In 1873, in Cincinnati, Ohio, Sethe and her daughter, Denver, are staying at 124, Bluestone Road. Denver is shy and friendless. And their house seems to be haunted. Most people hate the ghost, except Denver who believes that it is her dead sister. This haunting causes Sethe’s sons, Howard and Buglar to run away from home at the age 13.
The day that the novel begins, we see the arrival of Paul D, who hasn’t been seen by Sethe since their past of working in the plantations in Kentucky. His arrival causes Sethe to relive the memories she had buried deep in her mind and had been avoiding for over two decades. Now the story divides into two different streams; one for the present and the second for the past, about twenty years ago. Sethe revisits her past in fragmented pieces, and from these flashbacks, a despairing story emerges.
Born in the South, to an African mother, who she never actually saw, Sethe was sold to the Garners as a worker for their plantation, Sweet Home, at the tender age of 13. Although the Garners practiced a benevolent slavery, Sethe still has had a haunted past. The other slaves were all men and thus, lusted after her, but maintained a respectful distance. One of them was Halle, whom she later married. They had two sons and an unnamed daughter.
After the death of the proprietor of the plantation, his widow called in her sadistic and racist brother-in-law to run the farm. The brother in law was called “Schoolteacher,” who oppressed the slaves so much that they all decided to run away.
Anticipating their escape, Schoolteacher captured Paul D and Sixo. Killing Sixo, he brought Paul D back to Sweet Home. Sethe was still intent on running away. She had already sent off her children to her mother-in-law, Baby Suggs. But her attempt at running was foiled by Schoolteacher’s nephews, who violated her and stole the milk stored in her body for her infant daughter. Although Sethe was not aware, Halle had seen everything from above, horrorstruck. Witnessing this scene caused Halle to go insane. Paul D was forced by Schoolteacher to wear an iron bit in his mouth, which made his escape from Sweet home difficult
Sethe reported the misdeed to Mrs. Garner but instead of justice she got severe whipping from Schoolteacher even though she was pregnant. She nevertheless managed to run away again but collapsed in the forest. There she was found by a white girl, Amy Denver, who nursed her back to health. Then she also helped Sethe deliver her daughter, leading Sethe to name her Denver. They meet a man who had renamed himself as Stamp Paid after giving his wife away to his master. He was a ferryman over the Ohio River. Receiving further help from Stamp Paid, Sethe was able to reach her mother in law, Baby Suggs’s house. Baby Suggs cleaned up Sethe before she could see her other three children.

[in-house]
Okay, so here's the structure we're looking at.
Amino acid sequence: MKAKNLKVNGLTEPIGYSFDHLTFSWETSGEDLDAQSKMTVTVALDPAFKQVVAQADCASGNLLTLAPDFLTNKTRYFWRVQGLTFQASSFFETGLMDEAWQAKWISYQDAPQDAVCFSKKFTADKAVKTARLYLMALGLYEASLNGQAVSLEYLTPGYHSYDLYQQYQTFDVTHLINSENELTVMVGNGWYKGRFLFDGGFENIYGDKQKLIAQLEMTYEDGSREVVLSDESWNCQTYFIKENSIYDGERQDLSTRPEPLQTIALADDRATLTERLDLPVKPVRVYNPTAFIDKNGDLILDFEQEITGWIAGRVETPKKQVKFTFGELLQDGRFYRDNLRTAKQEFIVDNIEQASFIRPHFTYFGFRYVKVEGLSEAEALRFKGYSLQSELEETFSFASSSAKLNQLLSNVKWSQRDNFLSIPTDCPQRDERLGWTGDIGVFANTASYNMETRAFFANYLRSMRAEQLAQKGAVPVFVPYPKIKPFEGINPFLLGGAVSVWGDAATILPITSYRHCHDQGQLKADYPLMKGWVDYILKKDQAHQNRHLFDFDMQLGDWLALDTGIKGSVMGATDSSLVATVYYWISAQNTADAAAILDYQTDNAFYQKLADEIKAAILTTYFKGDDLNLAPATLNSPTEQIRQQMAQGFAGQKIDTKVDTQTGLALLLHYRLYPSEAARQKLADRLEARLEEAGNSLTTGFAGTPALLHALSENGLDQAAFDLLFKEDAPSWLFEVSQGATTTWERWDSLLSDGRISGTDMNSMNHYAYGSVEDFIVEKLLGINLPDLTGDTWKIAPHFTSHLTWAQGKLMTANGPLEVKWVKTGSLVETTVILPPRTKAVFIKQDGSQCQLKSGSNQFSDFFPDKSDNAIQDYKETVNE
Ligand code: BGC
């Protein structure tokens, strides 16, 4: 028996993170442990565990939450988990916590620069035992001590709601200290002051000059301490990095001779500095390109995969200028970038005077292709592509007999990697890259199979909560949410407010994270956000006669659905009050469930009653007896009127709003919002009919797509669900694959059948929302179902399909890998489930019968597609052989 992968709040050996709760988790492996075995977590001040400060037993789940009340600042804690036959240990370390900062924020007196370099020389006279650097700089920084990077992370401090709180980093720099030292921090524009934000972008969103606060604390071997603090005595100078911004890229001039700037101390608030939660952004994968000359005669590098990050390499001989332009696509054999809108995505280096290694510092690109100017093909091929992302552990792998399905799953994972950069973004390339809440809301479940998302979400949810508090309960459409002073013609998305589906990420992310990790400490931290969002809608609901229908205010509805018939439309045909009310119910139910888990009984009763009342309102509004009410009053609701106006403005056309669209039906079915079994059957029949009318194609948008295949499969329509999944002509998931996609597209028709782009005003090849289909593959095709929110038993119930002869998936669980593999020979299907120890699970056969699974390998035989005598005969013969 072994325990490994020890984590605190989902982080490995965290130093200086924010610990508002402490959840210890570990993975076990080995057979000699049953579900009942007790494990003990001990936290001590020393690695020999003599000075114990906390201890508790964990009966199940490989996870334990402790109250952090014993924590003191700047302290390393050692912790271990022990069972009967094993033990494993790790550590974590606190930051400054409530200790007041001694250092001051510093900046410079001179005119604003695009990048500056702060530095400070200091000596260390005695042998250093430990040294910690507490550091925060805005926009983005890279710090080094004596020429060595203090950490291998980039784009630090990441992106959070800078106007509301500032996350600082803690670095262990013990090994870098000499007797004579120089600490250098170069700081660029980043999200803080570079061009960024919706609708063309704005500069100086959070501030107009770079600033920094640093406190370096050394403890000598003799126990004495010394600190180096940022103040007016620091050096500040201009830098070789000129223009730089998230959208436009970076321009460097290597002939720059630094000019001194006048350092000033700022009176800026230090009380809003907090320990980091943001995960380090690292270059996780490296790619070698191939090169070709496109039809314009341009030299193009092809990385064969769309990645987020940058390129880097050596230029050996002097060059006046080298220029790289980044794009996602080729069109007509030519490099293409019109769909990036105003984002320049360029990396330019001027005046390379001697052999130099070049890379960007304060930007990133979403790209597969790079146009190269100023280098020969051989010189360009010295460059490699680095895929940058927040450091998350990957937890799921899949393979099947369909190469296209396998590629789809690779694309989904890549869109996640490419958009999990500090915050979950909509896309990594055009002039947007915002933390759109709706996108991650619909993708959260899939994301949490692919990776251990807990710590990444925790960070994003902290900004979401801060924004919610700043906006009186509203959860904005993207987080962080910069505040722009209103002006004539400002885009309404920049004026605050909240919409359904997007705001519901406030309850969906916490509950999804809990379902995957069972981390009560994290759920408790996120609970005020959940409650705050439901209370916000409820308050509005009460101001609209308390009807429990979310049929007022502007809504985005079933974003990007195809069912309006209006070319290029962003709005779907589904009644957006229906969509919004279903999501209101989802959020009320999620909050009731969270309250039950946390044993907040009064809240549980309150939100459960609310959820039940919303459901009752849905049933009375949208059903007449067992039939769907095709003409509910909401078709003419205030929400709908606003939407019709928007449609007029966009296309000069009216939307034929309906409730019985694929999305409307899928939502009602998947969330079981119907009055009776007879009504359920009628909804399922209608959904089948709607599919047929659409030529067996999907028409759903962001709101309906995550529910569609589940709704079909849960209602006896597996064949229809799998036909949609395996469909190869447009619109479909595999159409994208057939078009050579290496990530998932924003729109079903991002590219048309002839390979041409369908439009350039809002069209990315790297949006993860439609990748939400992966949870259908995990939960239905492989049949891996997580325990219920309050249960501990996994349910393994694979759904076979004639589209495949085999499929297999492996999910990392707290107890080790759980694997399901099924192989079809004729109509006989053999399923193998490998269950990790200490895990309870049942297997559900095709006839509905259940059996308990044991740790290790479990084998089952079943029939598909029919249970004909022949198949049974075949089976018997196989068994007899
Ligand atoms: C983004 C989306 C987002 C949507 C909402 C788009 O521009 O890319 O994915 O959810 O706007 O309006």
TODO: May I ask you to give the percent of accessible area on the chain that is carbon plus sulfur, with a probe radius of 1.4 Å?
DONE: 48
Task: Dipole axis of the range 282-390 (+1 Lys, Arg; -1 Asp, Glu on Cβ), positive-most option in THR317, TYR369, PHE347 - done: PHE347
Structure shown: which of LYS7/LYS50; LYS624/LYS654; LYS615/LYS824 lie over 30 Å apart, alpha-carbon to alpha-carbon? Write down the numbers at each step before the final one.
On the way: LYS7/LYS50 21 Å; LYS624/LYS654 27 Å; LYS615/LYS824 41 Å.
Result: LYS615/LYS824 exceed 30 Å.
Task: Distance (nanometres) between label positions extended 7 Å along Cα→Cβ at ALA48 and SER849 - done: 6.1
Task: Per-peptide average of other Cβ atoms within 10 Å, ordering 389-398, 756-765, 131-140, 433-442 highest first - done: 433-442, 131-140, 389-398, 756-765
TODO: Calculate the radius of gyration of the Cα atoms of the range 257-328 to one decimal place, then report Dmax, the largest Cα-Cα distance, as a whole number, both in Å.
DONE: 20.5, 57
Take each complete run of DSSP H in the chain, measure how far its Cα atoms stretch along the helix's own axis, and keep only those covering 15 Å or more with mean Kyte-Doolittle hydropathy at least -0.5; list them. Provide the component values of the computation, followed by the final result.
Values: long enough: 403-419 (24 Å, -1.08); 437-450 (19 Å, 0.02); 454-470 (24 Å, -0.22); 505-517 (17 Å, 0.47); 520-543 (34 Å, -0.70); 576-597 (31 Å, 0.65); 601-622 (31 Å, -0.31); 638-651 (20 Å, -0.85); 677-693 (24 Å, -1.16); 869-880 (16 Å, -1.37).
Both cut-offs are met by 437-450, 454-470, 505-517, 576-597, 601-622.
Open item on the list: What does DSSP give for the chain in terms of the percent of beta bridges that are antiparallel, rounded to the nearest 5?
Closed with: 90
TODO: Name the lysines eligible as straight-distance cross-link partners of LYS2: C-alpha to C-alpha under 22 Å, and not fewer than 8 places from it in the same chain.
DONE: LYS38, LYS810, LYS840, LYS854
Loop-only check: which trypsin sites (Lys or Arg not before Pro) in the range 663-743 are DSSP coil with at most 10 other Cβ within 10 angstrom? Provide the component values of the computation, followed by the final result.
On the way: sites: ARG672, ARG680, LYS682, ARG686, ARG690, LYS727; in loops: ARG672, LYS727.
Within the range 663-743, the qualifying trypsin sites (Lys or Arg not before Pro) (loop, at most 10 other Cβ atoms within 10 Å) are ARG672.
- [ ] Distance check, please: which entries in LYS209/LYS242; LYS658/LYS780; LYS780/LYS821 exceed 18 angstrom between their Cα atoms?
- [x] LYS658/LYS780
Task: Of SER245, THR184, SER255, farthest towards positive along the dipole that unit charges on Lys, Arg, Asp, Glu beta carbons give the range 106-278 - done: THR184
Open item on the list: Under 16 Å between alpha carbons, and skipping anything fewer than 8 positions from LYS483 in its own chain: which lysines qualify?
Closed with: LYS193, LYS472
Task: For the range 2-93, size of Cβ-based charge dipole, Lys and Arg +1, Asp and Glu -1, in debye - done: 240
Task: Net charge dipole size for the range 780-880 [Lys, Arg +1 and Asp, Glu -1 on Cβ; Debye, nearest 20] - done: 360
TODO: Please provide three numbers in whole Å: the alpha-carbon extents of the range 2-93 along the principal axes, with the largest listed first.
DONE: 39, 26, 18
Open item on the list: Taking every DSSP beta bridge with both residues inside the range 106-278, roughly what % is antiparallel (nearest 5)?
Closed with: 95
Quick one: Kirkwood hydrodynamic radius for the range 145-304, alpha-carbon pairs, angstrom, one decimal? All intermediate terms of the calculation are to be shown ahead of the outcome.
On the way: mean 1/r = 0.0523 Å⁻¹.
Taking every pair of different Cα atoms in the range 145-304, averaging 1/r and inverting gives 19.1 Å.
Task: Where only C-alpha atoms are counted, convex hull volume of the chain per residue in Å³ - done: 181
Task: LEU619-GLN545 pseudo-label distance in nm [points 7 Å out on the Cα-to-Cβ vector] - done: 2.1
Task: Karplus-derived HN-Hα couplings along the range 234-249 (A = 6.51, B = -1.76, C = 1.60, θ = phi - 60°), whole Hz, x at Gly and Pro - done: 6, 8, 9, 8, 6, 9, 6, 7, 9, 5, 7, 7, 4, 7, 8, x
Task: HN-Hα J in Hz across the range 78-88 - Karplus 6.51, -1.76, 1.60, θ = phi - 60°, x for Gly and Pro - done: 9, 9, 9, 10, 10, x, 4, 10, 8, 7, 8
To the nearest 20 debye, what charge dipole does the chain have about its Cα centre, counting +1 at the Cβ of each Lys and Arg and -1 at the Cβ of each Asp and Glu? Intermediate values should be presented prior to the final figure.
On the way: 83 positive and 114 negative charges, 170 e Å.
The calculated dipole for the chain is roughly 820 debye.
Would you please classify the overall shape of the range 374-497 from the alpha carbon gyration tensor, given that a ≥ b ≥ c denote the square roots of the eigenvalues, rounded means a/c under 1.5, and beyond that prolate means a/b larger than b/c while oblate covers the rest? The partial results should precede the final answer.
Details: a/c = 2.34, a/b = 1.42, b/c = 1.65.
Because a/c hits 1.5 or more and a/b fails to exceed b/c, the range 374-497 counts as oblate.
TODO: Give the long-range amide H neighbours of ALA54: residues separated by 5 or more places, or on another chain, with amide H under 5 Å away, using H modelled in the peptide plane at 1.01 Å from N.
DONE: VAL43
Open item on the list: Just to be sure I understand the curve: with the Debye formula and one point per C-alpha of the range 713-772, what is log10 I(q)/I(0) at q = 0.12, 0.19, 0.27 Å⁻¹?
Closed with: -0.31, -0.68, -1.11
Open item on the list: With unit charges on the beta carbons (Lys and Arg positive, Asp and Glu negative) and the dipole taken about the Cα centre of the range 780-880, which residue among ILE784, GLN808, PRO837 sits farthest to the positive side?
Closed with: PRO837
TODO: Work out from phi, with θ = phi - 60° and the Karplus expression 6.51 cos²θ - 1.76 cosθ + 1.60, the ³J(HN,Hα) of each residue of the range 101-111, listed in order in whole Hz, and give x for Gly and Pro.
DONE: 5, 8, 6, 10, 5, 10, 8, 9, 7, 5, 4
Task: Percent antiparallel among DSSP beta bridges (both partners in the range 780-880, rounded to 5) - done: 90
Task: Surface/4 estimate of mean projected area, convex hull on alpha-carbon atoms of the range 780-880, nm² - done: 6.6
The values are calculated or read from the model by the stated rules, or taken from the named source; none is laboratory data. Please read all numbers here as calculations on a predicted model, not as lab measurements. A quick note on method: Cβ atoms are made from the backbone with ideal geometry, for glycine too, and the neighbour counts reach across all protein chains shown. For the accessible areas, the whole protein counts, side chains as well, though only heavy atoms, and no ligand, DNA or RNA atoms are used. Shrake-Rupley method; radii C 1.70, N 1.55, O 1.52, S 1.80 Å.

Sethe got to spend 28 happy days in Cincinnati while Baby Suggs served as a preacher for the black community. This happiness was cut short when Schoolteacher arrived to take Sethe and her children back to Sweet Home. Instead of surrendering her children to the life, she had to endure, Sethe fled with them and tried to kill them all. She only managed to cut her old daughter’s throat. Later, she managed to arrange a headstone for her and carved ‘Beloved’ on it. She was then taken to jail by the sheriff. Denver goes along with her. She was soon released as a group of white abolitionists fought for it. Baby Suggs had fallen into depression and the community now shunned the house.
Paul D himself had gone through torturous experiences, causing him to lock away his emotions, memories, and ability to love. He terms it as the “tin tobacco box” of his heart. One day, a rainstorm helped him to escape and he thus ended up on Sethe’s porch. His arrival sets the chain of events in motion that take place in the present time.
Paul D now chases the house’s ghost away, angering Denver. But Sethe and Paul D anticipate a promising future together. He makes Sethe and Denver go out for the carnival, but upon returning, they find a strange young woman sleeping on the house steps. She calls herself Beloved and is believed to be the spirit of Sethe’s dead daughter. Denver develops an intense and obsessive attachment to her and Beloved’s attachment to Sethe turns equally intense, if not more. Beloved and Paul D share a hateful relationship, and Beloved pushes him around the house, going so far as to seduce him against his will.
Soon, Paul D learns about Sethe’s infanticide and leaves Sethe’s house, 124, Bluestone, to sleep in the basement of a local church. His absence sees Beloved and Sethe’s relationship become more intense. She becomes abusive, manipulative, almost parasitic, but Sethe keeps fulfilling her demands and giving reasons for why she had to murder her. Seeing her mother waste away, Denver finally leaves the house after twelve years and seeks help from her former teacher. The community provides food to the family, and eventually, a lady gathers a group of thirty black women and they arrive to help exorcise Beloved. A small and shrunken Sethe is standing on the porch with Beloved smiling at them. Beloved is naked and has taken the form of a pregnant woman. Mr. Bodwin arrives to take Denver to her new job but is mistaken by Sethe to be Schoolteacher, and she runs at him with an ice pick. Sethe is restrained by the women who look up to find that Beloved has disappeared, never to be seen again.
Later, Paul D returns to Sethe, who is mourning Beloved. When she laments, “She was my best thing,” Paul D replies “You your best thing, Sethe.”
Adapted from the novel Beloved by Toni Morrison.
Story Adaptation by Mansidak Kaur